Vegetarian patties — discs made of legumes or potatoes — have existed for millennia, while vegetarian burgers, in their modern forms, have been readily available from local grocers for decades. So it’s surprising that even in an era when meat-free fare is widely viewed as mainstream fare, America’s most prominent fast food chains haven’t really found space for a permanent, nationwide plant-based burger. Theoretically, if the highly paid corporate chefs of Big Food can find a way to make questionable cuts of cow not taste terrible, vegetables should be less of a problem.
There are, of course, a few notable exceptions. White Castle is testing out the ‘bleeding” Impossible slider in select cities; as I write elsewhere in the Eater universe, it would be great to see that patty go national. At Shake Shack, industry titan Danny Meyer’s rapidly expanding burger chain, there’s long been an meat-free option — but it’s not quite a vegetarian burger. That option is a fried portobello mushroom stuffed with oozing cheese, essentially a fatty bar snack sandwiched between a bun (not that there’s anything wrong with that).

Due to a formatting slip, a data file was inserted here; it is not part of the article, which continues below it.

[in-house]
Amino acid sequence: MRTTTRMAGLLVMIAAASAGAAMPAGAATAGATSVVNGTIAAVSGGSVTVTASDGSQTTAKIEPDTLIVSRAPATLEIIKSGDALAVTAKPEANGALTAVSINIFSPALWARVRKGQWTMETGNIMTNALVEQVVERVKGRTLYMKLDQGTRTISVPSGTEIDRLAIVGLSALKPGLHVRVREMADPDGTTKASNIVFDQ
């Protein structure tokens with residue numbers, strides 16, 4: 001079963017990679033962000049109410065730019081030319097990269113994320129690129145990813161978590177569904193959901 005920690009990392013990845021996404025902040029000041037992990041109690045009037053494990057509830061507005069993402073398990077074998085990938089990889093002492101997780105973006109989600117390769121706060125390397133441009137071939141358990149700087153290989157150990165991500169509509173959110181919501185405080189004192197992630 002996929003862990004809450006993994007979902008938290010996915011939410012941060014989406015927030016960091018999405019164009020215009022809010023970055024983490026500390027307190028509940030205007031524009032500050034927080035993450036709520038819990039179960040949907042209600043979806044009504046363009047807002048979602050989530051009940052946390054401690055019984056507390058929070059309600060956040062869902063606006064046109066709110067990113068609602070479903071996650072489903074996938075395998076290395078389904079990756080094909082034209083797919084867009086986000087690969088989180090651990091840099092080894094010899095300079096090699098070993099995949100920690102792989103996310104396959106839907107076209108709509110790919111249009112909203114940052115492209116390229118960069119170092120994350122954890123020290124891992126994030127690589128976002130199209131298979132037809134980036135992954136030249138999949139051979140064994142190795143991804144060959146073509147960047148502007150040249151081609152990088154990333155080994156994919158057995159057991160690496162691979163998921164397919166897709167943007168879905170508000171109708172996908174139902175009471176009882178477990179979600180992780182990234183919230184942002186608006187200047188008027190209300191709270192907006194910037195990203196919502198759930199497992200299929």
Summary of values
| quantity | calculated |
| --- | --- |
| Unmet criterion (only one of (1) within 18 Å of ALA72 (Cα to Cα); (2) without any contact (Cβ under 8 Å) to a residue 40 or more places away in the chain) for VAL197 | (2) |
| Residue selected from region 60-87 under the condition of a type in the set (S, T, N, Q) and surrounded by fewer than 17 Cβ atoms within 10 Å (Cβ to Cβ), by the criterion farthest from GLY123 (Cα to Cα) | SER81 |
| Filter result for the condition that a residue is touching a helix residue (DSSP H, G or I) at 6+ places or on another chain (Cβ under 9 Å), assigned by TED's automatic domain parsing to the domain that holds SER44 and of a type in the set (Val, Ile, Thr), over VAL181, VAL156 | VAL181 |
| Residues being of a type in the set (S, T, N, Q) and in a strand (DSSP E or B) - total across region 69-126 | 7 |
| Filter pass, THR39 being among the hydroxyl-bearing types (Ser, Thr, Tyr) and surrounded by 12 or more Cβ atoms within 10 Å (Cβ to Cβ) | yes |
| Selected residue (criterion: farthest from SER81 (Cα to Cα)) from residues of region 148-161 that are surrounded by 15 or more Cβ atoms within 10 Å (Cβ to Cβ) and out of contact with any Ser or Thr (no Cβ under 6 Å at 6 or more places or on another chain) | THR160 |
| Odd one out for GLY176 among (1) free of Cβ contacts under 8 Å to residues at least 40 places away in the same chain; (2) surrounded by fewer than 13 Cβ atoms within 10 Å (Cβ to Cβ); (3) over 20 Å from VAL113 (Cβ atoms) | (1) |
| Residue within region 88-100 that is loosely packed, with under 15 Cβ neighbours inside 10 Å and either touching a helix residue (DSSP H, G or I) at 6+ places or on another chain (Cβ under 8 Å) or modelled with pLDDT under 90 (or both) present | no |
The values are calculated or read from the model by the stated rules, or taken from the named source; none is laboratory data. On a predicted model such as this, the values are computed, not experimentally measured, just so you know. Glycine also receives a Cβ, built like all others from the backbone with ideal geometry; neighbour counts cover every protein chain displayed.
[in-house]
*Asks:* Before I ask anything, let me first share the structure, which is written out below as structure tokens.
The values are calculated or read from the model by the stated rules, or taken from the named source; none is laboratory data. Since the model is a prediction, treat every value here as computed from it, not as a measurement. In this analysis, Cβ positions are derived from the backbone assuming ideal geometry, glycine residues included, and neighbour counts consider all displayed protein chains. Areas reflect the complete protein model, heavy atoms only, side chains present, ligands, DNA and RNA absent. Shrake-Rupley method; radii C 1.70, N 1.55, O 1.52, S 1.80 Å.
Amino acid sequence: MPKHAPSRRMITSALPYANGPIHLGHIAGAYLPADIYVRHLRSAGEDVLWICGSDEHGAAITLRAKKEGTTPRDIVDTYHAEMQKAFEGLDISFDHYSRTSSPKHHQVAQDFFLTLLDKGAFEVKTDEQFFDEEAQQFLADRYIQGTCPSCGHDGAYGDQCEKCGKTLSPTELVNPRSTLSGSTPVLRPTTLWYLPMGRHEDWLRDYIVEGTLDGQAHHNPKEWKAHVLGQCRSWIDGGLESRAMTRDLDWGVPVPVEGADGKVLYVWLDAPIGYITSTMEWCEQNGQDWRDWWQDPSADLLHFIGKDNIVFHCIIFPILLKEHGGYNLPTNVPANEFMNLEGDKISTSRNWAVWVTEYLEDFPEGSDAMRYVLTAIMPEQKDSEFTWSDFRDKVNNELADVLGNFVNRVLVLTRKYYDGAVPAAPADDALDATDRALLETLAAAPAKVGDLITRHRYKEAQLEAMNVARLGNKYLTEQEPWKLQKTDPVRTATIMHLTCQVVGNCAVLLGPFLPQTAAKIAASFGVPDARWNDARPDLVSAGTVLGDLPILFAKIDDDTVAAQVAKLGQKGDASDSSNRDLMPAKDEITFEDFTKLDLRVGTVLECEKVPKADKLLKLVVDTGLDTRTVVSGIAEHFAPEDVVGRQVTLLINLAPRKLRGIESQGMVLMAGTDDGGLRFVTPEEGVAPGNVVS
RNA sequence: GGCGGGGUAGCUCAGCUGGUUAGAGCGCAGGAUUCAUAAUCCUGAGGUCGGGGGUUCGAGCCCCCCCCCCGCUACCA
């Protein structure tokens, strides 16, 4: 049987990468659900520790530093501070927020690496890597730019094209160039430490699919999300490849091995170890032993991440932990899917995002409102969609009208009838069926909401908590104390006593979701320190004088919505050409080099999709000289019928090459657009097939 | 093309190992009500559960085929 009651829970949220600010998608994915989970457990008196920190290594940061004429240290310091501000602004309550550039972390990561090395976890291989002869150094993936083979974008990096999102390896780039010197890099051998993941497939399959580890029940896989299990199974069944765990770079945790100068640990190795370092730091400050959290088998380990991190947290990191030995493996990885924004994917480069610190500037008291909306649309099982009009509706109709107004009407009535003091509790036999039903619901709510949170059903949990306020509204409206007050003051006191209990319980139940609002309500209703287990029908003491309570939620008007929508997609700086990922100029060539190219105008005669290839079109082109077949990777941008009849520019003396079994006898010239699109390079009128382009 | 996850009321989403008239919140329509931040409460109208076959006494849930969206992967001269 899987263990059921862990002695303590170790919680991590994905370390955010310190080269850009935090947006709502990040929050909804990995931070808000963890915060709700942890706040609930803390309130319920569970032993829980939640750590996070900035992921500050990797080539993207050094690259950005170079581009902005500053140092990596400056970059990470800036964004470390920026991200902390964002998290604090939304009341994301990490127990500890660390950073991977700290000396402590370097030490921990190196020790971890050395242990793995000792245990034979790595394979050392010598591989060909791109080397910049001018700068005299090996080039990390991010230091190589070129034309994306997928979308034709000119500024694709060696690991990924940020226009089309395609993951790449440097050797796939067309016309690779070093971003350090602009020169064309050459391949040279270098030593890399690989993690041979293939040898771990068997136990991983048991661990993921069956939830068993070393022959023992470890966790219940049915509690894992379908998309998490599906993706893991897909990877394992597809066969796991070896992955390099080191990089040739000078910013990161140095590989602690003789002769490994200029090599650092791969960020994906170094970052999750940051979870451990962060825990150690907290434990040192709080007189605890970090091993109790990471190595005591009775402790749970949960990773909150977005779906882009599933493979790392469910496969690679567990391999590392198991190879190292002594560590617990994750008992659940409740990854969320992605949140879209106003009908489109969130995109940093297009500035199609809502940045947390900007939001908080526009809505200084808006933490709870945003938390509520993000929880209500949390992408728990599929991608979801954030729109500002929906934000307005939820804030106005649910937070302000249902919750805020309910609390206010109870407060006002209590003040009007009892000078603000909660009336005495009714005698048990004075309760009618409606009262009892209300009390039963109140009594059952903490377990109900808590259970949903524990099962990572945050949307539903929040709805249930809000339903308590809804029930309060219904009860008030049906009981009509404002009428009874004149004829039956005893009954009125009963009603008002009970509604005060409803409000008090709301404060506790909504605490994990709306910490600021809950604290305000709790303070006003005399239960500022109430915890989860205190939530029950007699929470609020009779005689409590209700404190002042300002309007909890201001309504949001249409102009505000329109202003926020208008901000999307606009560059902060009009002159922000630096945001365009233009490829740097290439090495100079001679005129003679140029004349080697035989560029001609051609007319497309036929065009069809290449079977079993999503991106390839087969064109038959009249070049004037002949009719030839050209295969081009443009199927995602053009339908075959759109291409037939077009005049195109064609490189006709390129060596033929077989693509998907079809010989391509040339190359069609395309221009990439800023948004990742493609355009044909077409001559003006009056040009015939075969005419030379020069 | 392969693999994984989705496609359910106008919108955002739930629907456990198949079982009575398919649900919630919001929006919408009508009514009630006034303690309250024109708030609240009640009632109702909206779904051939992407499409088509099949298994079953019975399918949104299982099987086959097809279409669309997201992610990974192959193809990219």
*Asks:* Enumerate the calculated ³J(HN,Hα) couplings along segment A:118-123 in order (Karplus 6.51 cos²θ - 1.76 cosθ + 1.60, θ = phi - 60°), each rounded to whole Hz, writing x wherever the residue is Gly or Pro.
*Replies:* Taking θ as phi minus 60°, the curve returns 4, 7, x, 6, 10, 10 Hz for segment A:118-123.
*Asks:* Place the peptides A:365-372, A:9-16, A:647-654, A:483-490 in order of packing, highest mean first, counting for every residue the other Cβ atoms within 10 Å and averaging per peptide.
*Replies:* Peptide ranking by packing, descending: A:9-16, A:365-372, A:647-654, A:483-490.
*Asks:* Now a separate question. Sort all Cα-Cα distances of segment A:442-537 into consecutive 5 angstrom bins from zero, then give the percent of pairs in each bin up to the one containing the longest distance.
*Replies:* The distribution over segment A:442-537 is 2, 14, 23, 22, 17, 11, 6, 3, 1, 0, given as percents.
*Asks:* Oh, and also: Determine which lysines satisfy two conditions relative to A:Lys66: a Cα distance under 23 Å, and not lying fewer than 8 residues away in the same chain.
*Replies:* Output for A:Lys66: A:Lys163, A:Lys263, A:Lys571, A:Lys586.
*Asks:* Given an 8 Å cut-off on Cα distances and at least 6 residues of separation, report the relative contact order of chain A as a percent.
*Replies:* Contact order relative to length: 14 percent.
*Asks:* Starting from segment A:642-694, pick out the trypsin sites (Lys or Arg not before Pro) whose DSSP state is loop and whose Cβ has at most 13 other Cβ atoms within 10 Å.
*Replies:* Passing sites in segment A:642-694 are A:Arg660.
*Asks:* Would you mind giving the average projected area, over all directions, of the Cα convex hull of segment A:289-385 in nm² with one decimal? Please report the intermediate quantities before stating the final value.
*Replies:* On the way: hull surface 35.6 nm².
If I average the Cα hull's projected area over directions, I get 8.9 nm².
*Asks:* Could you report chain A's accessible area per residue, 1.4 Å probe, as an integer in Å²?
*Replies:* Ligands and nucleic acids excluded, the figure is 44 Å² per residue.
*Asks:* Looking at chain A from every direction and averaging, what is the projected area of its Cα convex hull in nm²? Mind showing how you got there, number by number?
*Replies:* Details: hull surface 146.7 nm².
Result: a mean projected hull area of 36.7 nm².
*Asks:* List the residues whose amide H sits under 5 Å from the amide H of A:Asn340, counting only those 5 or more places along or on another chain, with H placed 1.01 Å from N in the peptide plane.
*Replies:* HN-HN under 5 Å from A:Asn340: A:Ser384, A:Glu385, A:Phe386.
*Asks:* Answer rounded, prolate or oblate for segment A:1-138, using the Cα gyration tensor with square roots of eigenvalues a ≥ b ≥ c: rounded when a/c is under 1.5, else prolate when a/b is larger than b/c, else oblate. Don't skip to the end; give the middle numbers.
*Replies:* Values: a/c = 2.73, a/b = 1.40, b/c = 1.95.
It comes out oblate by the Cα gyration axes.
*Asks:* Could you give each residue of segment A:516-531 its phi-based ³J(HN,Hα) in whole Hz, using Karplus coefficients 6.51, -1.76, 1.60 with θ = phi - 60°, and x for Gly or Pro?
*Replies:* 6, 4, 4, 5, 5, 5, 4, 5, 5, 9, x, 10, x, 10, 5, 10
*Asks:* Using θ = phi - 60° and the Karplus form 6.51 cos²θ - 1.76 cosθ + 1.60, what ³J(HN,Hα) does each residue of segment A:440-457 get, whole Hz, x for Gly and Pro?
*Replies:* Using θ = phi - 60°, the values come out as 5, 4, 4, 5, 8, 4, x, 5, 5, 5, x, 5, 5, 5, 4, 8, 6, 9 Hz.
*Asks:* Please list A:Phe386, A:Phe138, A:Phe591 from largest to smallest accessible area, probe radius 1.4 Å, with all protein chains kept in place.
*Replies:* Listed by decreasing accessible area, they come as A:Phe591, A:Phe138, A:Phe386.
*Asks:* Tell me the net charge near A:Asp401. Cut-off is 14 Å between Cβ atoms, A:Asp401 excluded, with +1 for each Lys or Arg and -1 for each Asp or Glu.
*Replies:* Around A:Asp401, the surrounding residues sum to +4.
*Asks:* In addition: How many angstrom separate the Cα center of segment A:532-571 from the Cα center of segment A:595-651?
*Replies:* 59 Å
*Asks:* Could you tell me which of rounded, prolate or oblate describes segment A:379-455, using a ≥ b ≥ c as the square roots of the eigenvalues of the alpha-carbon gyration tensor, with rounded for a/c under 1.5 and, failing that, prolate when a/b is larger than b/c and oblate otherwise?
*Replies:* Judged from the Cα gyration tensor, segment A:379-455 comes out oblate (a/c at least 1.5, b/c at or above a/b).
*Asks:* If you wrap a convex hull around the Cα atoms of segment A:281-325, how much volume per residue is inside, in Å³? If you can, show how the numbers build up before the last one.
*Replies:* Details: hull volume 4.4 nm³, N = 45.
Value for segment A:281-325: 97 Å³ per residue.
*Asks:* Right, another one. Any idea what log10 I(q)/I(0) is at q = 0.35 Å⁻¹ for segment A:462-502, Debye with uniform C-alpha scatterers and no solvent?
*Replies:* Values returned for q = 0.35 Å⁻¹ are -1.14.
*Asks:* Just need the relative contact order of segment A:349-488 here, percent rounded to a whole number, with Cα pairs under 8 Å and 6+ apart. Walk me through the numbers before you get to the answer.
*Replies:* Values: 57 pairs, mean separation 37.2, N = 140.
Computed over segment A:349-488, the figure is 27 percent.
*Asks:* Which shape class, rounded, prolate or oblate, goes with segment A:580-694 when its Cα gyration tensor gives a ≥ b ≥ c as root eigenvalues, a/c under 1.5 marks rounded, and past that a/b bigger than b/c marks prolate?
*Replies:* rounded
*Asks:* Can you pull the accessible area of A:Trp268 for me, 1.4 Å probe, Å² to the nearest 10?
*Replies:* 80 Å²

But as of Thursday, Meyer’s chain has started testing a proper vegetarian burger, which it’s serving at New York’s Astor Place, Midtown East, and Upper East Side locations. The patty, formed from a blend of black beans, brown rice, and roasted beets, is thrown on one of the chain’s famous potato rolls and topped with a salad-like pile of lettuce, onions, tomato, pickles, and provolone. Unlike White Castle’s Impossible burger, this one’s not quite ready for primetime.
The exterior boasts a noticeable crunch — which is supposed to mimic the maillard char of a burger — but this crunch trends a bit coarse, with a flavor that can evoke a burnt eggplant. The crimson interior, in turn, is mostly sweet mush, with a few toothsome bites here and there, likely from those potatoes. I get a whiff of cumin, but otherwise, what Shake Shack has created is essentially a bland, over-sugared vegetable patty. When consumed with all the condiments, it’s an edible enough affair, but it doesn’t boast that head-spinning “Sometimes I’d rather have this than a beef patty” succulence that has turned Brooks Headley’s Superiority Burger into one of the city’s best patty joints.
But then again, Thursday was just the first day of this test run. And Shake Shack deserves credit for offering what’s essentially a lighter alternative to its portobello burger. That option, incidentally, was a wholly-flavorless mess of crunch when sampled earlier today, so I’d say the chain has a bit of work to do with vegetables.
The good news, however, is that the beef burger is still great. Though I suppose that doesn’t solve the problem at hand.